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  • Gilbert Kruidenier

Change the World on a Monday



Yesterday I had the pleasure of attending the very first Melbourne edition of Change The World, organised by Hancock Creative from WA. This event was all about social media marketing specifically targeting Not For Profit organisations. Based on previous experiences and my initial response (eye-roll + groan) my expectations were very low. It was a free event at a non-CBD location and none of my network were talking about it, so how good could it be. Jeez, was I wrong!

This outfit proves that you can put on a free event, attract great speakers, have no tea breaks, send people off to buy their own lunch and still have more people come back after lunch and stay until the last minute! In previous cities they got 30% of registrations to attend, Melbourne treated them to a 60% attendance, on a Monday! If that’s not a sign that the market is hungry, I don’t know what is. Oh, and we beat Sydney by trending on twitter by 10.30am, just saying. And did I mention the terrible seats? It didn’t matter because the content was so good.

The NFP sector is not yet used to being spoken to as businesses and with so much action-oriented

energy, practical tips and lived experiences being shared, I thought the room would be half full after lunch. Wrong again. Good thing they’re doing a bigger event later this year. You’ll want to be there.

Here’s my summary and take-aways

  • Richard Bell (venture investor and excellent MC) made many good points, but the one that stuck with me was that everyone now relying on a system of grants and subsidies should hurry, because in 5-10 years, that money is gone and not coming back. I agree that the changing demographics will unfortunately make it unaffordable and it’s no way to run a sustainable business anyway.

  • Kylie Wallace of Polished Man told an honest story of hard work and good luck, landing Chris Hemsworth, thinking on your feet and holding on for dear life as social media catapulted her campaign across the world and into the spotlight.

  • Catherine Hughes of Light for Riley had a good story on how to have a plan for social and how to engage when things get a bit less pleasant because it’s not all fun and games on the internet. Always have a plan and stay friendly, even if others are not, love it.

  • Alecia Hancock delivered in spades with so much free and good advice on campaigns, fundraising, sticking to your guns when times get hard and backing your ambitions. Then she just kept it going by explaining how their Gain & Retain program has been helping businesses help themselves in marketing and fundraising for the past 5 years and by unlocking $1.3mio in grants. The money will find you if you have a cause people can connect to and allow them to get involved on their terms.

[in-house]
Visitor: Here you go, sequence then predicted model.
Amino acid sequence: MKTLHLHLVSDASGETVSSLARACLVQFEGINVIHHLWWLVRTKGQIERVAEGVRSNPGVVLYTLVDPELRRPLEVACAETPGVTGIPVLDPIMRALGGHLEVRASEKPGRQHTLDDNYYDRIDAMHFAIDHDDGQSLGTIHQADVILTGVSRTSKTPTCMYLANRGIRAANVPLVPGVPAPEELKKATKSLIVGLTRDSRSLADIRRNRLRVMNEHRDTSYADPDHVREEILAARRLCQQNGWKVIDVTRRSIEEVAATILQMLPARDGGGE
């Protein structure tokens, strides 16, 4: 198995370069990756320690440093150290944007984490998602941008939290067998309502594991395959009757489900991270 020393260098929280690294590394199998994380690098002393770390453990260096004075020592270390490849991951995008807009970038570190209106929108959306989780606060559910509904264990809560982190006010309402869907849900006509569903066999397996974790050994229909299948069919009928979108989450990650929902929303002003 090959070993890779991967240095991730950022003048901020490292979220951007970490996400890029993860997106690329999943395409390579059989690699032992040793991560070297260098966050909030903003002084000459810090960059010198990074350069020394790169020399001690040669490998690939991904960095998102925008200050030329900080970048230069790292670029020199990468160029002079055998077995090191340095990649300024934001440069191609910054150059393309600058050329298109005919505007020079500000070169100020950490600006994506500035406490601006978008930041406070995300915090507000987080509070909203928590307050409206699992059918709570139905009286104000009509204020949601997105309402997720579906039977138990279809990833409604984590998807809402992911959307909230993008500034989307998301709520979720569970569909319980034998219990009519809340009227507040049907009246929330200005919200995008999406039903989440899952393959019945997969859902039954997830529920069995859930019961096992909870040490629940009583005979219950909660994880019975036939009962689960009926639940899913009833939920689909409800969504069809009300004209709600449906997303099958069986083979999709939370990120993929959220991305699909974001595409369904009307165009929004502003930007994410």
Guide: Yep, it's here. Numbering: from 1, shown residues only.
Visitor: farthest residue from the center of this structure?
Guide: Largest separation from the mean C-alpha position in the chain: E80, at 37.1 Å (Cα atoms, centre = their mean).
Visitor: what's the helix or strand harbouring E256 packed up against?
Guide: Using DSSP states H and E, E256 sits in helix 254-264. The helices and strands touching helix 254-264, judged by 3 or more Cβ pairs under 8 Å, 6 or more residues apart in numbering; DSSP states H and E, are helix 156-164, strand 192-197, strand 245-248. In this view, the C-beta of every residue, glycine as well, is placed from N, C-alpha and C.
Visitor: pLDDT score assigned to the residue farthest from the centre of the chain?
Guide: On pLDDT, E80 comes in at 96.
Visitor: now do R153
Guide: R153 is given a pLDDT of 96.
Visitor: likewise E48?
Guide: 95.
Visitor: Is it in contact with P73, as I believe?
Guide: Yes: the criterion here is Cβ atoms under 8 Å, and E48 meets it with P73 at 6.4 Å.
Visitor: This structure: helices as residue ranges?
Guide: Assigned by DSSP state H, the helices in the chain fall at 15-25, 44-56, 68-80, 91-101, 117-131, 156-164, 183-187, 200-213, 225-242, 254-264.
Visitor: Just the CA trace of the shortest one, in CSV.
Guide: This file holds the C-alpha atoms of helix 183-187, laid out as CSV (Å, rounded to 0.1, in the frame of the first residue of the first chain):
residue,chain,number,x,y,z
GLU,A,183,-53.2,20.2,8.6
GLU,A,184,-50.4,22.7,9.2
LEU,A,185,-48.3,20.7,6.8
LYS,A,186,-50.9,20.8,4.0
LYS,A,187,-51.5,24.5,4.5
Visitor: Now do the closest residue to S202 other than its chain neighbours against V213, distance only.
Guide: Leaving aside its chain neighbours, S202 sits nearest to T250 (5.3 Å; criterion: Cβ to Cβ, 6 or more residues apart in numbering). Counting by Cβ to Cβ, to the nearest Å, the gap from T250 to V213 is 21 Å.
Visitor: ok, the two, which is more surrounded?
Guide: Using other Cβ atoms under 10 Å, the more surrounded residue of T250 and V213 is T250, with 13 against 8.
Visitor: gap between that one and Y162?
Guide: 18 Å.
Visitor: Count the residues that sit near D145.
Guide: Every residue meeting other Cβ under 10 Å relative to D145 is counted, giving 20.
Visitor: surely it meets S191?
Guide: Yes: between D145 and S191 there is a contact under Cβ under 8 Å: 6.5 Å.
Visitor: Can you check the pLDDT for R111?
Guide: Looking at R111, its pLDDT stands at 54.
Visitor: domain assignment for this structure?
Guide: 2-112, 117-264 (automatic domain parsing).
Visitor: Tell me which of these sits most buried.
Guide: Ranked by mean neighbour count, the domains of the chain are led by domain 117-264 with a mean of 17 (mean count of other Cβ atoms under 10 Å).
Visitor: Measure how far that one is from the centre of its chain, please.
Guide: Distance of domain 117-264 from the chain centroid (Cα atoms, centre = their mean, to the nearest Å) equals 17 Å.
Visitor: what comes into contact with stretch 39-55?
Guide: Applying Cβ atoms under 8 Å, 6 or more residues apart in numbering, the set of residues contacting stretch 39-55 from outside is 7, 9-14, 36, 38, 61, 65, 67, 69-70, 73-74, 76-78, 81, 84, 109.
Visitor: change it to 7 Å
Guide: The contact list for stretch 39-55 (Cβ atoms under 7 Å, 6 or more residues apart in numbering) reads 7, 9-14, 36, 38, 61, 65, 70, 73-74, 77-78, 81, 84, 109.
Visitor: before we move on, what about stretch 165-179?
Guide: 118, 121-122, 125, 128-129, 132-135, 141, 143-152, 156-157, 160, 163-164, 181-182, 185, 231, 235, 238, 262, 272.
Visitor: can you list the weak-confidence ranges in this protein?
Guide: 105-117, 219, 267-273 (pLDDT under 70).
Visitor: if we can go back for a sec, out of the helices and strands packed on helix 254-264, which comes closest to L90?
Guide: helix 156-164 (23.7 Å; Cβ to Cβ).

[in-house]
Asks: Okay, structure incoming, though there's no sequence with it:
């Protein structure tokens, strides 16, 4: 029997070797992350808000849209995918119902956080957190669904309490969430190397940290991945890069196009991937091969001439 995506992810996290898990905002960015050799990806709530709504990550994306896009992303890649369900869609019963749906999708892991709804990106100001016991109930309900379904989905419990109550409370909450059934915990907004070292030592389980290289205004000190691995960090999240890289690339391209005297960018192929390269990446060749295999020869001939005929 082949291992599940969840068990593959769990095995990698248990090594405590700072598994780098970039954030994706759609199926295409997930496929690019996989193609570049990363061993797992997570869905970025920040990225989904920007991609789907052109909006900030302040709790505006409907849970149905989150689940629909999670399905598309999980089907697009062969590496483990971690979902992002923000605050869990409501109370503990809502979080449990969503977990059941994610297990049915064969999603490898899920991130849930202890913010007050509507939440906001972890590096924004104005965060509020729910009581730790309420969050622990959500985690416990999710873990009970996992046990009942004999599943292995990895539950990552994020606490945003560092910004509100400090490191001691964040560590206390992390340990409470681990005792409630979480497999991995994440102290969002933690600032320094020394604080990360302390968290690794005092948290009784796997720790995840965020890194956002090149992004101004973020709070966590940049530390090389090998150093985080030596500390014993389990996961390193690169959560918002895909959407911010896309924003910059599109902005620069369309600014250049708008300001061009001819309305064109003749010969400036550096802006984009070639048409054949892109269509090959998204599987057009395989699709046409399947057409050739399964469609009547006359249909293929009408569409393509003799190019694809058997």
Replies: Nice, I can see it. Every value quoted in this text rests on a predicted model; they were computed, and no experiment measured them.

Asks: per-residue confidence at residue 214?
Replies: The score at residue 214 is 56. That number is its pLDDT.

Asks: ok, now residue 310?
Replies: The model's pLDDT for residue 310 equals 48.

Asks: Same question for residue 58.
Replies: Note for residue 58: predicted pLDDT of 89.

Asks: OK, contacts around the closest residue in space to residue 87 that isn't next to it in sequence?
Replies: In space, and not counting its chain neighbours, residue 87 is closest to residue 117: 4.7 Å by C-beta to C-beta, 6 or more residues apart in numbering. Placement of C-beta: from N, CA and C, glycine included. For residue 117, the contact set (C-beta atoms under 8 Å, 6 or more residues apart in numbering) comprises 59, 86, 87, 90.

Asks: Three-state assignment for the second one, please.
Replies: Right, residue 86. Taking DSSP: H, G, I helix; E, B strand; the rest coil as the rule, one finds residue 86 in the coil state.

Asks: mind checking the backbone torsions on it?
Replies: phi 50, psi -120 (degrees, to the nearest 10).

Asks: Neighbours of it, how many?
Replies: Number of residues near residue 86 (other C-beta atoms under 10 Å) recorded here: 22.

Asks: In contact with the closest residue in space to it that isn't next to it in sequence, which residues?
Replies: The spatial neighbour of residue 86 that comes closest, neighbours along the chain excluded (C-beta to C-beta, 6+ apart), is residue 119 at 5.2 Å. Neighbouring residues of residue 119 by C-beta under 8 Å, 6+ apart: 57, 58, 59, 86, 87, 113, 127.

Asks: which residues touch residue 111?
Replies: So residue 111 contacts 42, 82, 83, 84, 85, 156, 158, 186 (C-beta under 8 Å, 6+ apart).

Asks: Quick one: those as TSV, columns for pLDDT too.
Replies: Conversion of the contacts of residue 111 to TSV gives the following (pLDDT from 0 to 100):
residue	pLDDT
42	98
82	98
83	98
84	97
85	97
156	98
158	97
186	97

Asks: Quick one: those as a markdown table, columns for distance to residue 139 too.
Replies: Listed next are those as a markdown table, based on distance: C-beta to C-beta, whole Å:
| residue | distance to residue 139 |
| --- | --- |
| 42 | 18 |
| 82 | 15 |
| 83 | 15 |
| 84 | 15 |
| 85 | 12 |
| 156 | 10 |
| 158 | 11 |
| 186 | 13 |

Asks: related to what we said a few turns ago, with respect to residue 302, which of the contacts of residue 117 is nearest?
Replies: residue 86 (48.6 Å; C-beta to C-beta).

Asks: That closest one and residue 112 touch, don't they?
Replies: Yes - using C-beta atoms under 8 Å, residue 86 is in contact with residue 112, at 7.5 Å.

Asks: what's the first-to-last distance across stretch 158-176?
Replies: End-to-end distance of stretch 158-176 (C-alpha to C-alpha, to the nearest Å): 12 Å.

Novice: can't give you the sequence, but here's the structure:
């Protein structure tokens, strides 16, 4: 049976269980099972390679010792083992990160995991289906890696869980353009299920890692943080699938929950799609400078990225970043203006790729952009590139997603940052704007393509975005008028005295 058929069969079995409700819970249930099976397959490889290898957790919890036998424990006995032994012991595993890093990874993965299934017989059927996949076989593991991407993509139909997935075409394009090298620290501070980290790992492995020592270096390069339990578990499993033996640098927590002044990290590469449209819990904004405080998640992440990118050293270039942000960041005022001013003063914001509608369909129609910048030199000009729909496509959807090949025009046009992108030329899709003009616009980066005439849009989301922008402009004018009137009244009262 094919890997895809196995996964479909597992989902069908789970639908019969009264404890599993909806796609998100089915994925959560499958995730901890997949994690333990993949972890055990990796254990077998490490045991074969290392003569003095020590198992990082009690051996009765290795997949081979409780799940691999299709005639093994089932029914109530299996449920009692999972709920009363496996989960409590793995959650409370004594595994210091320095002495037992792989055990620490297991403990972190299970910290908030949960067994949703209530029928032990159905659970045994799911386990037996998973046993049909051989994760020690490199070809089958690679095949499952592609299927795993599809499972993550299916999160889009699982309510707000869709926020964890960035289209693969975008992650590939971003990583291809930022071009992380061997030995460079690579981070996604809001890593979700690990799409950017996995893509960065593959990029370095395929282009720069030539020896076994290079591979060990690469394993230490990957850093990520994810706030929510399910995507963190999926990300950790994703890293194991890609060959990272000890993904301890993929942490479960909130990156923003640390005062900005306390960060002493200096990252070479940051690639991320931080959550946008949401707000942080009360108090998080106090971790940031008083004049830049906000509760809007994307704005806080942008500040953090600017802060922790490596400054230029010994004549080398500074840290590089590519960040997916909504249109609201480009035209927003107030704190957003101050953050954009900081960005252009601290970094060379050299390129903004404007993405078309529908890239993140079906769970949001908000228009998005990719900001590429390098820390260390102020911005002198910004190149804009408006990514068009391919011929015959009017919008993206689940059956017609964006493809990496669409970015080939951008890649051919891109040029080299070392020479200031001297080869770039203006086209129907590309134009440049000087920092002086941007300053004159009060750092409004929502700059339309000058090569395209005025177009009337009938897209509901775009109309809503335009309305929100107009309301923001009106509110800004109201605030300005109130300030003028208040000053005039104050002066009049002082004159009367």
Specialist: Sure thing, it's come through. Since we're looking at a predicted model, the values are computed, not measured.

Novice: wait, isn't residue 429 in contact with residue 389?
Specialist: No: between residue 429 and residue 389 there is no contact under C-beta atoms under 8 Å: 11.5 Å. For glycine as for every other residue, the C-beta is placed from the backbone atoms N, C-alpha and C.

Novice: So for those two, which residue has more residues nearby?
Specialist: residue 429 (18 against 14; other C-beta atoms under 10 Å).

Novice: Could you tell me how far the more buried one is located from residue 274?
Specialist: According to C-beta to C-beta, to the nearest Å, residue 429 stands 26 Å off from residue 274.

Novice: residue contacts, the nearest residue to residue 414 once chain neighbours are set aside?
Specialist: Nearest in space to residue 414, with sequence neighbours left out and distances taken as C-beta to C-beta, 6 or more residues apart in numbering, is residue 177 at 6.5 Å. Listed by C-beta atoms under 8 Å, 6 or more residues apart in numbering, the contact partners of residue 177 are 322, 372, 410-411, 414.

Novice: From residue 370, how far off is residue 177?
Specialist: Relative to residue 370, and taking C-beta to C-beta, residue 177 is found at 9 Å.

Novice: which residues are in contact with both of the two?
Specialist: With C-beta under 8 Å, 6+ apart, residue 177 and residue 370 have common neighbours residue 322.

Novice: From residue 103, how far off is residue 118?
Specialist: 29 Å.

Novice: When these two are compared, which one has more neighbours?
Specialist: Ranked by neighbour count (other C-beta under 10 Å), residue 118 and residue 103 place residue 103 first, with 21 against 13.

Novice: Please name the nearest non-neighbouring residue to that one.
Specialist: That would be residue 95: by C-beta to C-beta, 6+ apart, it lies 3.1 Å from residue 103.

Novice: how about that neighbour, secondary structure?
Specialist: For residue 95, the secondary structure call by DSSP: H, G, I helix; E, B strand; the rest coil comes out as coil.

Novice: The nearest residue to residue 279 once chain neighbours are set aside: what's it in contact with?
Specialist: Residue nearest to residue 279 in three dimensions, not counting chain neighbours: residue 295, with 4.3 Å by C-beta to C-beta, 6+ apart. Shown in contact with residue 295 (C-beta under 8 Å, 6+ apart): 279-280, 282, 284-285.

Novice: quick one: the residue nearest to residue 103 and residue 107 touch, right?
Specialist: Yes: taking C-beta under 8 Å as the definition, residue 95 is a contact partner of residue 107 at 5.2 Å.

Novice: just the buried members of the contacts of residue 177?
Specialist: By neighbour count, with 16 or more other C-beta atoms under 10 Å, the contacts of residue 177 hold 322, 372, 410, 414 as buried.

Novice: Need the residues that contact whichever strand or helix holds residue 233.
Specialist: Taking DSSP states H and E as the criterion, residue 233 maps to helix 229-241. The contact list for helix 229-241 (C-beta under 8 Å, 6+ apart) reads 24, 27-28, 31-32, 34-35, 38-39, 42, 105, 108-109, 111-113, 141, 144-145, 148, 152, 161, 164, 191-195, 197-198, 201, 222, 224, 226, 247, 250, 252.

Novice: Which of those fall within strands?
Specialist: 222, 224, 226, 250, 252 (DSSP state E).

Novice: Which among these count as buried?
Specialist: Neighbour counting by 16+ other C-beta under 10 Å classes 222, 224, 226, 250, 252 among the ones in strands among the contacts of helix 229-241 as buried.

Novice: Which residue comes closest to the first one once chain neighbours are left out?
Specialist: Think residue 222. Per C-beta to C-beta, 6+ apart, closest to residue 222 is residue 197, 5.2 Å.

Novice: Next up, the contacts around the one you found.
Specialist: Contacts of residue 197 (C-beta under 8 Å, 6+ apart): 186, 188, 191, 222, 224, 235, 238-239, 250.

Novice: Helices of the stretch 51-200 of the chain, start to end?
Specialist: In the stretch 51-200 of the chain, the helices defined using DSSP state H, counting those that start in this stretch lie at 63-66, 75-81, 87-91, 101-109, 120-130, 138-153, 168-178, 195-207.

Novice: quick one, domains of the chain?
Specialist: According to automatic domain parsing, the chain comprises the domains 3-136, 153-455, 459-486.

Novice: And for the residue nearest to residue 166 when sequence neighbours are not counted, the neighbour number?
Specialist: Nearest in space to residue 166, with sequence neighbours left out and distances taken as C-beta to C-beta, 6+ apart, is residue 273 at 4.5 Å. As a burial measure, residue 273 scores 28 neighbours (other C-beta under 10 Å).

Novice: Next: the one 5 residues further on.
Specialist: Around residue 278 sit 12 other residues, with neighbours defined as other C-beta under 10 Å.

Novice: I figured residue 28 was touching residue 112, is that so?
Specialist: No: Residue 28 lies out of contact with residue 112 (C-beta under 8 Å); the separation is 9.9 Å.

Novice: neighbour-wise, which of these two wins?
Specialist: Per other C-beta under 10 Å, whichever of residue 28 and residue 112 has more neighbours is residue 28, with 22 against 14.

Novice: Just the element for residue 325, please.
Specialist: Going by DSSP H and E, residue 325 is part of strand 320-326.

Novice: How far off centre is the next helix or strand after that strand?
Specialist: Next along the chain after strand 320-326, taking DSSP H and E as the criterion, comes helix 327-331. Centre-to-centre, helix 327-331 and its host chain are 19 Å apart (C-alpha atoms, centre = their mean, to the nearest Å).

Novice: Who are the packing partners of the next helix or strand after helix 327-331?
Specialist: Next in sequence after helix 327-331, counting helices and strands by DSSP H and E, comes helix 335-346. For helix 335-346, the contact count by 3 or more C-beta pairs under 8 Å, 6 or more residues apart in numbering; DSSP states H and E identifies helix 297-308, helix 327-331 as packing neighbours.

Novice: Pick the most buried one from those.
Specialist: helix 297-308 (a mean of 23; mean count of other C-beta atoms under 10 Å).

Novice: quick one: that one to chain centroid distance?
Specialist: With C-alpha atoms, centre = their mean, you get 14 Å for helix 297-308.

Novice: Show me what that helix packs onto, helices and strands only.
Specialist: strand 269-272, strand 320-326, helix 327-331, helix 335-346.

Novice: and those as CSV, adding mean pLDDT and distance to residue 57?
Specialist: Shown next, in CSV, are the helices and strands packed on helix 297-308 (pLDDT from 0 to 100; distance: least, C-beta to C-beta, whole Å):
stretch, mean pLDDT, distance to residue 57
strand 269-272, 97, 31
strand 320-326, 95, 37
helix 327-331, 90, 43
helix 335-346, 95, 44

• Jordana Borensztanj ‘s live social experience was some next level entertainment. I am still not sure if people could keep up but she was the personification of the thrill ride that social is today and I loved it. Look her up, you can thank me later.

  • Anna Hill brought the room back to earth with effective and simple tools and tricks on how to communicate with images and make them look great. Insta, Snapchat, Twitter and even LinkedIn engagement is 3-9x higher if you have imagery that supports your message and with apps nowadays, it was never easier to make your cause look good.

  • Stephen Griffiths of ‘Who gives a crap’ made us laugh with his toilet humour (risk of the trade, I guess) but his 10 lessons from building a $5mio start-up through social were insightful and nothing to laugh at. It really is all about transparency, humour, integrity and admitting mistakes early. And toilet paper, lots and lots of correctly cut toilet paper.

  • Gareth Kidd brought it home by emphasizing that there really is safety in numbers and every business that’s serious about social should have metrics that are meaningful and aligned to the goals you’ve set yourselves, not just coughing up your Google analytics, no one wants to see that.

I left full of impressions, in love with the throwable microphones and with renewed confidence that what I’d been telling my For Profit and Not For profit clients is still true. No, actually more true than it was last year. The only real difference between them is the cause, it’s not even about money anymore. The need for good comms people in NFP with a solid understanding of how to promote a cause has never been higher and I’d argue that it easily outpaces the need for good change managers. See you there next time?


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